England to end on winning note
Our Dave Tickner thinks England can end their nightmare tour of Australia on a positive note by winning the T20 series.
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Nearly done. After three months of agony, there are only three Twenty20 internationals between England and the end of a nightmarish tour of Australia.
They were thrashed in the Tests, embarrassed themselves in the ODIs, and now take on the shortest form of the game.
And, whisper it, they really ought to prevail. At the very least they should not be the outsiders they are with the layers.
It's tricky to block out all that's gone before, and indeed it would be unwise to completely ignore the clues to England's state of mind in the manner of their defeats in the second and fifth ODIs.
But this is another different format, and a pair of much-changed squads.
And on paper, taking this series in isolation, it's hard to make a case for Australia to be favourites. Simply put, the England squad looks a far stronger one.
There are few players bearing major scars from their time in Australia. Alastair Cook has gone home and is replaced as leader by Stuart Broad.
Broad was one of only two England players to impress in the Ashes, and he's joined in this squad by the other, Ben Stokes.
And there are others, like Eoin Morgan, Jos Buttler and Chris Jordan who carry no Ashes baggage and performed impressively during the one-dayers. They should not be short of confidence.
With Luke Wright, Alex Hales and Michael Lumb all joining the squad after stints in the Big Bash, this squad looks in better shape than any other England have put together this winter.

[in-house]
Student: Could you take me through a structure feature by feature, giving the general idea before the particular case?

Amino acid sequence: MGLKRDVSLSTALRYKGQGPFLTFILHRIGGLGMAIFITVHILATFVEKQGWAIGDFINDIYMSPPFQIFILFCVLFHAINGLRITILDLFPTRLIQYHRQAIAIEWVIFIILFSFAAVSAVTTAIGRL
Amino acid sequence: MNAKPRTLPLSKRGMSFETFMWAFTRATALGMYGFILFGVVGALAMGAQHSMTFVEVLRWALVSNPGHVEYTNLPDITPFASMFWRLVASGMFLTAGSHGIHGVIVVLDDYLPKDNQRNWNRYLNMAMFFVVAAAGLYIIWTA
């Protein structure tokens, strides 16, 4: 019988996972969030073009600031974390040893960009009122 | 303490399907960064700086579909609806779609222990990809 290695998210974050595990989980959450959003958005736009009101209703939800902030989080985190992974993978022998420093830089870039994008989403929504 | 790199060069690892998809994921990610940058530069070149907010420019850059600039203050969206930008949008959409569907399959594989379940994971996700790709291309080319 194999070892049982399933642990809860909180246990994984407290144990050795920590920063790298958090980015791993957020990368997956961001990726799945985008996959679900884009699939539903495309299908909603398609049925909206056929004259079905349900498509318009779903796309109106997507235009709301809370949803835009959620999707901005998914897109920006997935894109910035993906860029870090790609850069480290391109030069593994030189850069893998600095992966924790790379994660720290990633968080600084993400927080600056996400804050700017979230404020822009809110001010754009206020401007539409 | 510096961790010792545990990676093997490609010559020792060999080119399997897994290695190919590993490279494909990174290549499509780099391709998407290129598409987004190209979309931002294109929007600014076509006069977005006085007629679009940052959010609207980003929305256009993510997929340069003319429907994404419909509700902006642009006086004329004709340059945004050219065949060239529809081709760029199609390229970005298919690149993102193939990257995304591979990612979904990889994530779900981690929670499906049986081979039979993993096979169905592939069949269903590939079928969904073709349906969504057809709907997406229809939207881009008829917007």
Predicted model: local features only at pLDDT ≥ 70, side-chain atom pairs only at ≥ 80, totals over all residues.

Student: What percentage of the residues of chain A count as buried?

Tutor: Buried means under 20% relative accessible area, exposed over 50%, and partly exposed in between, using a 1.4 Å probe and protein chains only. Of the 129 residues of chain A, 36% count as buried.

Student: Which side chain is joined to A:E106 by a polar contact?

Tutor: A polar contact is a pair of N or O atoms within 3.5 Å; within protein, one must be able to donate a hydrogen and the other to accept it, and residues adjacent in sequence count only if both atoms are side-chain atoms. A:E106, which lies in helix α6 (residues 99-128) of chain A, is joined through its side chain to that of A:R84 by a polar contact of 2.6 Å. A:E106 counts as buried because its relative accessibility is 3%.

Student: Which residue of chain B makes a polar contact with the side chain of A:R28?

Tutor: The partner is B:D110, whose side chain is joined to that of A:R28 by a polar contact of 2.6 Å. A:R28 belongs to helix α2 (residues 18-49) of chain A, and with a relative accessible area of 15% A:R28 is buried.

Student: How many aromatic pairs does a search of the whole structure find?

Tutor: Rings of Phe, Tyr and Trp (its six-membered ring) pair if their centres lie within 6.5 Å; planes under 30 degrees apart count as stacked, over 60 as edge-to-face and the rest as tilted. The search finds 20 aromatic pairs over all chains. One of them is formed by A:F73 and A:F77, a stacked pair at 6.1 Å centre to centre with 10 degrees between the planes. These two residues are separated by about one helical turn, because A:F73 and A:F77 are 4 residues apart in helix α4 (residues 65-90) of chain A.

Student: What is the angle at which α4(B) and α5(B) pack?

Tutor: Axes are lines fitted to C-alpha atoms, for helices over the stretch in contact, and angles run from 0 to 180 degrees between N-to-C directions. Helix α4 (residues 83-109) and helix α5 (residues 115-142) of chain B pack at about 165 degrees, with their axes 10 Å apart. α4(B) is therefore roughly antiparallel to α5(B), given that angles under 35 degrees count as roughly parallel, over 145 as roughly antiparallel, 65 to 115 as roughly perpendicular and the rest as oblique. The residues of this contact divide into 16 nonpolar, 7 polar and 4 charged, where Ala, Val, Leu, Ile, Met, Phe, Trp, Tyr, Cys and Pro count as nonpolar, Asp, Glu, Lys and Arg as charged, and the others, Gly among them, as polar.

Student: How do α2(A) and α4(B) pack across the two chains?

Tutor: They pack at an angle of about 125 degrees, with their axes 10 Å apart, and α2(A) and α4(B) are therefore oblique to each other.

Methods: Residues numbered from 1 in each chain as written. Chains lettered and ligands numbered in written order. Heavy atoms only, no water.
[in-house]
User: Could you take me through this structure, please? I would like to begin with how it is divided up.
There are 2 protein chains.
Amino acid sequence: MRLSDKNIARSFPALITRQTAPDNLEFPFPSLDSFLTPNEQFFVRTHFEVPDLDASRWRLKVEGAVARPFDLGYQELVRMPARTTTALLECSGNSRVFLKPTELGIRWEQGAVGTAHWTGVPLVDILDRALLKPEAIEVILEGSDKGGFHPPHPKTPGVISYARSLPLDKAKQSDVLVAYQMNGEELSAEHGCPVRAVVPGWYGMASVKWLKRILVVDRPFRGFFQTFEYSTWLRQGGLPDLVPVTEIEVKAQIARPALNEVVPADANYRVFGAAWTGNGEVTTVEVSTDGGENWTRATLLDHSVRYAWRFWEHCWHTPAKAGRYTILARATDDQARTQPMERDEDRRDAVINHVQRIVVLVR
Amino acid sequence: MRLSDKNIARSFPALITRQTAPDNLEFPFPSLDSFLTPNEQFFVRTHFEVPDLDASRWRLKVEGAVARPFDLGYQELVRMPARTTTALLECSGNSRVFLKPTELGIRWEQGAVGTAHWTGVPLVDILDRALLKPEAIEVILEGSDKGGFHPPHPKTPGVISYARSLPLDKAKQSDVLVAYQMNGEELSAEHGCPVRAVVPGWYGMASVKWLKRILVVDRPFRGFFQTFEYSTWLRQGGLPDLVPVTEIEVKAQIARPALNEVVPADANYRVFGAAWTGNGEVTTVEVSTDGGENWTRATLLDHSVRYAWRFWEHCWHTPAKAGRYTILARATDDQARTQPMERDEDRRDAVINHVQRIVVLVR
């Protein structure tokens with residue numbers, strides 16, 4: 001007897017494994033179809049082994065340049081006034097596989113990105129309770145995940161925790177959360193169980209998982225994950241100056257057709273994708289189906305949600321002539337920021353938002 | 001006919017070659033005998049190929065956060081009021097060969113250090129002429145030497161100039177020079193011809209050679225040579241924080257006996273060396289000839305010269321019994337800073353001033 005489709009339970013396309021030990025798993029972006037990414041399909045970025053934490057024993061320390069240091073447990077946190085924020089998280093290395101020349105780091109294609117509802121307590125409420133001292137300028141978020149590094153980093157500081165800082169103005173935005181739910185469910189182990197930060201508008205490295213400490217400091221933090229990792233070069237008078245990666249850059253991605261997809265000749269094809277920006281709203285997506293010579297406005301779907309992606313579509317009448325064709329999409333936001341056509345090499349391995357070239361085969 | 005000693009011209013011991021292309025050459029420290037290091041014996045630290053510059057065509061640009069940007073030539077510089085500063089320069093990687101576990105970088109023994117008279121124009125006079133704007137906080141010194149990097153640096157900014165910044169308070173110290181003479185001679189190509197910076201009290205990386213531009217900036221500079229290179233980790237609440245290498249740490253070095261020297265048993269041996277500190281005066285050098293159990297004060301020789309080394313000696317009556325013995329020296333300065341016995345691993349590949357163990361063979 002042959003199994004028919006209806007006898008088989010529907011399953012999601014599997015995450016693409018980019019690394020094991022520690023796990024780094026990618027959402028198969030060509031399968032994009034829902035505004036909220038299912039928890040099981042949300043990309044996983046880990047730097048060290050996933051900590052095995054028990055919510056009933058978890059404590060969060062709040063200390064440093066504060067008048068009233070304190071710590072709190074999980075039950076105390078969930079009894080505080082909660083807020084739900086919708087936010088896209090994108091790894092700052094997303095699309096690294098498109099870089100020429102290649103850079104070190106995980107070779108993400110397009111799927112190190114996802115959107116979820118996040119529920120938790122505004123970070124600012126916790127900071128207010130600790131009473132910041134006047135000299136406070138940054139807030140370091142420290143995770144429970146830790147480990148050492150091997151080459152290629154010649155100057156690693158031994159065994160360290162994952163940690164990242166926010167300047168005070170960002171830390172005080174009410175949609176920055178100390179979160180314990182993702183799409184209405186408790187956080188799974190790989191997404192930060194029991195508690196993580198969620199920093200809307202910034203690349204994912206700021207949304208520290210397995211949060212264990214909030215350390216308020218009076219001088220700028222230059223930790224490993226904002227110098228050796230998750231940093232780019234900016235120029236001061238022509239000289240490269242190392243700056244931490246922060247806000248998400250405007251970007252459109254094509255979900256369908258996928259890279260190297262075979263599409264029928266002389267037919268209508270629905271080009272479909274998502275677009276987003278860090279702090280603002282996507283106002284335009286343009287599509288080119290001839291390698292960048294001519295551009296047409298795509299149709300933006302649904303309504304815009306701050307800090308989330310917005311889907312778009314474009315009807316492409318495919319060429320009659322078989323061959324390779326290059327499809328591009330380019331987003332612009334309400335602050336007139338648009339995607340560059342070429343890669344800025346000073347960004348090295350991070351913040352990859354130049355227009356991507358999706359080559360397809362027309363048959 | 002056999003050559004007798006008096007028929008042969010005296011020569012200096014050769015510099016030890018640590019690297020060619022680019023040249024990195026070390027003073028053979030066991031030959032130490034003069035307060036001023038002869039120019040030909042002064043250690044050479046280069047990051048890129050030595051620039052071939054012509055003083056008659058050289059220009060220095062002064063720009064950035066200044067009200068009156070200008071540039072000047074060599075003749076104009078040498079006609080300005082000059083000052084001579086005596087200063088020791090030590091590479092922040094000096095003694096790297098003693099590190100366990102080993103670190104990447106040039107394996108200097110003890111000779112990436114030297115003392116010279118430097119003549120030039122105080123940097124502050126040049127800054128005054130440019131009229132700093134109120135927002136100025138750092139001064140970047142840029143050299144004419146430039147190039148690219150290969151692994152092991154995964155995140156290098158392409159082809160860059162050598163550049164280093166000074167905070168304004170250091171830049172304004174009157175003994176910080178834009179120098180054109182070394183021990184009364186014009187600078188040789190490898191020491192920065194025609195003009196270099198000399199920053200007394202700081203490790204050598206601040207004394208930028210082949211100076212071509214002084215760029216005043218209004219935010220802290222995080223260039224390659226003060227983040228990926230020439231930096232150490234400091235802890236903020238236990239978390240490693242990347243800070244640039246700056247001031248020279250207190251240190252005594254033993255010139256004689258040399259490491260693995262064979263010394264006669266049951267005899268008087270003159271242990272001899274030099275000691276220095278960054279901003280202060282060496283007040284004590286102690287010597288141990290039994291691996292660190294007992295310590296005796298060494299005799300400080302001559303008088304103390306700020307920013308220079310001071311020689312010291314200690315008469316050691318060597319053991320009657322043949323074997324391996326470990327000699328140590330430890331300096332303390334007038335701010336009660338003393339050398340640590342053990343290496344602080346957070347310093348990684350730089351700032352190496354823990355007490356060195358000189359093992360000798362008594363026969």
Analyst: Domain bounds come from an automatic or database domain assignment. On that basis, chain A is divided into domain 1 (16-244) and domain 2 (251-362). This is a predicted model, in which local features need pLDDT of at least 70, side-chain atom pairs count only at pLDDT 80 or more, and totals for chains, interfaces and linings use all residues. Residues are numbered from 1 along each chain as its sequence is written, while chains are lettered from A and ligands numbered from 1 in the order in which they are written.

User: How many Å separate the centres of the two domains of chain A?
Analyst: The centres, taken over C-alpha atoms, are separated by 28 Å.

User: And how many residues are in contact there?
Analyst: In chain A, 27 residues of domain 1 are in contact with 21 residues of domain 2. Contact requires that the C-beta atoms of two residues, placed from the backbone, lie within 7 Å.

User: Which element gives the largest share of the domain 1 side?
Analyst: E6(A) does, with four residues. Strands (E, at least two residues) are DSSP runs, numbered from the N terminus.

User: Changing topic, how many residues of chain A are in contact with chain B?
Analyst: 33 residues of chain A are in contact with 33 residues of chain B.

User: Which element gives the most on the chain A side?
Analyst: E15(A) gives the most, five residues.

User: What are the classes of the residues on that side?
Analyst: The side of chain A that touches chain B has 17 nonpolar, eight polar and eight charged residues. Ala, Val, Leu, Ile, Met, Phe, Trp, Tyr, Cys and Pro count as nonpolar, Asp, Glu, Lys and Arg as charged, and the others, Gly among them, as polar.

And Australia's squad is barely recognisable from the rest of the winter. Only George Bailey - who leads the side - survives from the Ashes. There is no David Warner, no Shane Watson, no Mitchell Johnson and no Clint McKay.
Man for man, England appear to have the measure of this particular squad.
Yes, it's impossible and unwise to completely overlook what's gone before, and the persistent thrashings Australia have dished out in the other formats perhaps just about justifies favouritism for the home side.
But this is cricket's shortest and thus most unpredictable environment. Favourites are more successfully opposed here than anywhere else, and Australia - with this squad - are simply far too short here against an England side who should be rejuvenated by fresh faces.
England don't have a great recent record in T20s, but it's steady enough - five wins and five losses in their last 10 completed matches. Their previous record in three-match series is encouraging, too: they have won in New Zealand and against Pakistan in the UAE over that distance - 2-1 both times - while their only other experience of this length series ended in a 1-1 draw with one NR against South Africa.
Australia, meanwhile, have lost seven of their last eight, have selected a weak squad and have an injury doubt over James Faulkner, who showed his value with both bat and ball during the ODIs.
England are 7/4 at Hills and bet365 to win the series - far too big - but let's get a touch greedier still. A 2-1 series win for the tourists is widely available at 5/2 and that looks a fine piece of business given the respective squads and formlines.